Connections between climate and security continue to be debated inside and outside of academia. Last week, I attended a workshop at the Woods Institute for the Environment at Stanford University, together with Nina von Uexkull and nine other invited participants representing a variety of academic disciplines and viewpoints, to discuss impacts of climate variability and change on armed conflict.
The workshop is part of a larger ongoing expert elicitation project that seeks to identify extent of agreement and origin of disagreement among leading scholars of climate security. The overall aim of the project is not to reach consensus but rather to provide a thorough assessment of the full range of judgements about the state of the art, which will serve as a foundation for offering guidance and advice on future research as well as policy.
Most of all, I was struck by the sincere curiosity, honesty, and respect that everybody brought to the table.
Over the two days, we discussed both historical and potential future connections between climate and conflict; what might be important indirect causal pathways and scope conditions; which cases (if any) of contemporary conflict might be attributed at least partly to shifting climatic conditions; what are prevailing limitations and emerging opportunities for studying climate change and conflict; and what are the main sources of uncertainty when looking into the future. As a point of departure for these discussions, we were presented with preliminary results from the first stage of the project – in-depth interviews of all participants and a set of stakeholder representatives – completed earlier in the fall.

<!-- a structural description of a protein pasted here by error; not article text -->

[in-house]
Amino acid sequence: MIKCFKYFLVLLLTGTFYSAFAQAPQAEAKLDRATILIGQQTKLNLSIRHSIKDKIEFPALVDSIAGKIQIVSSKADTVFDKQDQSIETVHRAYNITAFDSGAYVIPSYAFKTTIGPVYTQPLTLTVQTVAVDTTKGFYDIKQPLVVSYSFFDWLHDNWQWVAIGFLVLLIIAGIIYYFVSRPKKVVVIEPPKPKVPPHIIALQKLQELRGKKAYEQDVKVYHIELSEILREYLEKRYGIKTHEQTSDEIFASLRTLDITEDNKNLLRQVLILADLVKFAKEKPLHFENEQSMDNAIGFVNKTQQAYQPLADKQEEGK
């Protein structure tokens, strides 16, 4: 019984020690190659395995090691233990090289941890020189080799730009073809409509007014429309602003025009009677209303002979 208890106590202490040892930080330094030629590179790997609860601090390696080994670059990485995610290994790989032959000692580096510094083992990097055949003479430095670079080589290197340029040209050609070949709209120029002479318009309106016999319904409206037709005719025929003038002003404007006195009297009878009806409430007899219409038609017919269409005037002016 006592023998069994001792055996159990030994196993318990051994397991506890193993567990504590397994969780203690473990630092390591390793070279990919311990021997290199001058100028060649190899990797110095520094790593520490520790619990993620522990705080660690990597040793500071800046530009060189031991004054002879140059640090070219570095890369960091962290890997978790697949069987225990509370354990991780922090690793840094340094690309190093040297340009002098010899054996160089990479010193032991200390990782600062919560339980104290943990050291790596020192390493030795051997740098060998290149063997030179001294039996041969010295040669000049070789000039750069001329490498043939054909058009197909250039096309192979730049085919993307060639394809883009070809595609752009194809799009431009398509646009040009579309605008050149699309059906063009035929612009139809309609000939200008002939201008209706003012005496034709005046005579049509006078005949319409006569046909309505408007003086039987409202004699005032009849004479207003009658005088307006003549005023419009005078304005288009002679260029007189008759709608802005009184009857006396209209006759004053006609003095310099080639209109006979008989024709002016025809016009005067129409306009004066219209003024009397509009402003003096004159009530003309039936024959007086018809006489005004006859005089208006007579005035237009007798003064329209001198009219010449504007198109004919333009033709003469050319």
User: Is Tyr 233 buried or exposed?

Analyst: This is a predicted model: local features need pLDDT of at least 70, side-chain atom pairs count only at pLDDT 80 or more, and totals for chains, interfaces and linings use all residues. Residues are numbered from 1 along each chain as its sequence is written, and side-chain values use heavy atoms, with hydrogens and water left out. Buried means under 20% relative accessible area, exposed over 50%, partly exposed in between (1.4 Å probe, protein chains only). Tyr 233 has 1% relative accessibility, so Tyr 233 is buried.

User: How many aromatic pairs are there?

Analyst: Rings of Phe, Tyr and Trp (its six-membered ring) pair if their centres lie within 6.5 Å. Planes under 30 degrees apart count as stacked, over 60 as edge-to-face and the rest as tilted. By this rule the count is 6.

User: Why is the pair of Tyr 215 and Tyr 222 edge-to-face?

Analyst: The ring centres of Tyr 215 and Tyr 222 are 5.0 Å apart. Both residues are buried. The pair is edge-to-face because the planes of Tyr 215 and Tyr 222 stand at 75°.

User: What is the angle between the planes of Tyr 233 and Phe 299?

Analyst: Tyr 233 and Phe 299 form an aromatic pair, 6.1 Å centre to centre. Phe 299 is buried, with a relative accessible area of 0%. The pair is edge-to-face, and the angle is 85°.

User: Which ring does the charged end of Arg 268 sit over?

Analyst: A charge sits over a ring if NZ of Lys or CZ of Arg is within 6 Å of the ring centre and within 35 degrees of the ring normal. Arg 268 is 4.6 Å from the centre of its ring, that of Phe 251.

The workshop discussions were entertaining, engaging, and deeply enlightening, but never properly heated. On some issues, the group displayed a high degree of agreement but there were also considerable heterogeneity in certain assessments, especially when participants were asked to quantify the range of plausible climate effects in specific contexts. Most of all, I was struck by the sincere curiosity, honesty, and respect that everybody brought to the table.
The third and final component of the elicitation project, currently under development, will be a joint publication that documents the expert assessments in greater detail and concludes on the way forward. The project is competently led by Katharine Mach, Carolien Kraan, and Chris Field at the Woods Institute, who deserve much praise for organizing the event and herding the group safely though a packed workshop agenda. Stay tuned for details on the results from the project.